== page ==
Salted Hash - SC 01: What an Apple phishing attack looks like

Watch an Apple phishing attack from start to finish, including a look at what the criminals see and the code that drives these types of scams.

Today on Salted Hash, we’re going to look at a phishing attack from two sides. The first side will be what the victim sees. After that, we're going to see what the criminal sees. We'll also discuss some steps administrators can take to uncover these attacks in their own environments.

This was a fun video to make, if I'm being honest.

What I've done is recorded a screencast (SC 01) and walked through the attack and the phishing kit itself. This is the first take, but I plan on doing others. So please forgive any slight errors. Eventually, I'd like to get to a point where I can demonstrate live attacks and tailor these videos to people both inside and outside of the echo chamber.

So, with that said, enjoy!

Email:

email example for apple phishing Steve Ragan

The Apple phishing attack in the video starts with an email (thanks to @Mrs_Bonds2015 for sharing this with us on Twitter). The message is designed to pique the victim's curiosity. It does this by informing them about a purchase and providing a PDF file that's a receipt (2). Most users will wonder what's happening, but others might panic some and wonder who just ripped them off for $50.00.

However, there are a few things that stand out here. First the email is addressed to "undisclosed-recipients" and has a single address in the BCC field (1). So, ask yourself, why are these people getting a copy of your receipt? These are pretty obvious red flags, but the concern about losing money will cause some to ignore the general rule about random email attachments and open the PDF file anyway (3).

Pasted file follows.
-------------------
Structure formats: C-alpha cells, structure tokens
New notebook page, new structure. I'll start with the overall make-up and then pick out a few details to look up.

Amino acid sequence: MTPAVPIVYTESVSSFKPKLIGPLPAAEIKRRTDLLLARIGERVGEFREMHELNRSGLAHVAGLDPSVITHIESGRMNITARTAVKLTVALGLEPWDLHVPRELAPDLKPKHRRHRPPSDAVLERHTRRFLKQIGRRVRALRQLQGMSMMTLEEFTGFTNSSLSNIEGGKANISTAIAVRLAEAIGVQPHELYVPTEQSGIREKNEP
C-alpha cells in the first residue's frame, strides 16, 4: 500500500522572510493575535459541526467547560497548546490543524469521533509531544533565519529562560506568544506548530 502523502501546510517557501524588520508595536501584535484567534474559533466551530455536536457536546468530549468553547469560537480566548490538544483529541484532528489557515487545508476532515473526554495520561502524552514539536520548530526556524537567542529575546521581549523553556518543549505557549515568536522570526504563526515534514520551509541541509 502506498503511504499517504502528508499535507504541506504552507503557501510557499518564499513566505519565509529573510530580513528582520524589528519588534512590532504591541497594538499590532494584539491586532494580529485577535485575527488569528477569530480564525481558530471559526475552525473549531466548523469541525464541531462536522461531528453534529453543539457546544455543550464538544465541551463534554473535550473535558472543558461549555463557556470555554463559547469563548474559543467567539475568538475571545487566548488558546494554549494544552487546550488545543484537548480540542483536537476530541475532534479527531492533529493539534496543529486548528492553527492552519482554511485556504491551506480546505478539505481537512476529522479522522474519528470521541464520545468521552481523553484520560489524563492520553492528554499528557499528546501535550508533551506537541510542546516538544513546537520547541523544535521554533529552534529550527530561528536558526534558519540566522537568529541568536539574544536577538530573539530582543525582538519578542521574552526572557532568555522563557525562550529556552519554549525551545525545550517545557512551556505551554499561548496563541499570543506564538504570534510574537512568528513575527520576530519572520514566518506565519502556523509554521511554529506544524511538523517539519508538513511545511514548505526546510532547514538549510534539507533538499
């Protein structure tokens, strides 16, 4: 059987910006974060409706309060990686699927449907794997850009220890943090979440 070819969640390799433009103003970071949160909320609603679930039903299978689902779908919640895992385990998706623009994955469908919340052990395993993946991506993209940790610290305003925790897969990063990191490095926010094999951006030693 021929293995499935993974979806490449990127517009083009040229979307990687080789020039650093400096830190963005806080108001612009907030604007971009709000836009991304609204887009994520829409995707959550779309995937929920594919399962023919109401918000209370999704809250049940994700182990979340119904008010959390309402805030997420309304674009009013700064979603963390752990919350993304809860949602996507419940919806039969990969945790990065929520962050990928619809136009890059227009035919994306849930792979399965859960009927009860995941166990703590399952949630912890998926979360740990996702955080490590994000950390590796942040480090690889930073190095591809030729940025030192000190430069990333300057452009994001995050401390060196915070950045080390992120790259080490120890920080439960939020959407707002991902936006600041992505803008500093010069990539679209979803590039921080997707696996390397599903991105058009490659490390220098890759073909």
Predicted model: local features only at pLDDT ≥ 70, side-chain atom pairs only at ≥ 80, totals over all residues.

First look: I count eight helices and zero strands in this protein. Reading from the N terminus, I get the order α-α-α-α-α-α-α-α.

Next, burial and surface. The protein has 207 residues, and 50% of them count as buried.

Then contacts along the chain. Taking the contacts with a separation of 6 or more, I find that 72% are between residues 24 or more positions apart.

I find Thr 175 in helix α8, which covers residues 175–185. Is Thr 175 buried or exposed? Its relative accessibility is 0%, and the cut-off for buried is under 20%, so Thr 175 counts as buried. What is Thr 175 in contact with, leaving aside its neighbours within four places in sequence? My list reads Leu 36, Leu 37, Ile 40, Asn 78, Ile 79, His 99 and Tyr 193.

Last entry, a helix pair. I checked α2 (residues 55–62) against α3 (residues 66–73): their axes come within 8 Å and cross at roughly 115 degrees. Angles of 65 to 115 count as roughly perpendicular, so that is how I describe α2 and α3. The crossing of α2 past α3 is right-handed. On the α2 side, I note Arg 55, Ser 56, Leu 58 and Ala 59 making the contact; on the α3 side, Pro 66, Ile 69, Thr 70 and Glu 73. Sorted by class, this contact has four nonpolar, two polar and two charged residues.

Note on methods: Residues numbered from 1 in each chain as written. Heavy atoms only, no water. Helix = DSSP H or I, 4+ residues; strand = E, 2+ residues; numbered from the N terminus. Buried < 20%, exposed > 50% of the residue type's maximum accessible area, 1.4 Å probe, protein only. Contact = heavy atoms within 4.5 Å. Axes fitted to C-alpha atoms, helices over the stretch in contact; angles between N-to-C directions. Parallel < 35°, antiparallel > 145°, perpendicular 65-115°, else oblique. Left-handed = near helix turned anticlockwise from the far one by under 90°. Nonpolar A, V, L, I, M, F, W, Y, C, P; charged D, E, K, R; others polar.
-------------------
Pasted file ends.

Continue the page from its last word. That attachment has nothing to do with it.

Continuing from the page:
Opening the PDF:

pdf example apple phishing Steve Ragan

When the PDF is opened, the invoice displayed looks legitimate. There are some basic connections to the email via Order ID (1) and a product description related to what was mentioned in the email subject (2). What the criminal is hoping for is a bit of panic and a click to the Cancel Order link. However, clicking on any of the links in the PDF will forward you to the phishing kit, which powers the phishing attack.

A clever phishing attack against Apple:

url example from apple phishing kit Steve Ragan
Apple phishing webpage Steve Ragan

At first glance (see the image to the left) the phishing portal looks almost exactly like the real Apple login screen. But there are a few things that standout. For example, look at the URL bar. It's missing Extended Validation. In fact, it doesn't even have HTTPS enabled. When this kit was hosted on a live server (here it's hosted in Salted Hash's lab), it was missing HTTPS there as well.

login example taken from apple phishing kit Steve Ragan

The form itself is also a red flag, as Apple doesn't require passwords on the main page. You'll enter your username first, then on the next screen enter your password. Here, the phishing page is asking for both, because the moment you submit credentials, they're compromised.

form taken from an apple phishing kit Steve Ragan

The page that comes after this login box asks for additional information including name, address, phone number, and date of birth(1). This is followed by a second section (2) requesting credit card details, as well as Social Security Number, if you identify your country as United States of America.

Once again, completing this form and pressing submit will compromise these details and send them over to the criminal.

After all of that, you're forwarded over to the actual Apple.com website, but by this point your Apple ID is in the hands of a crook.

Check out the end of the video if you want to see some of the technical aspects of this kit. Thanks for watching, and remember this was an experiment, so please share some feedback via email or on Twitter.

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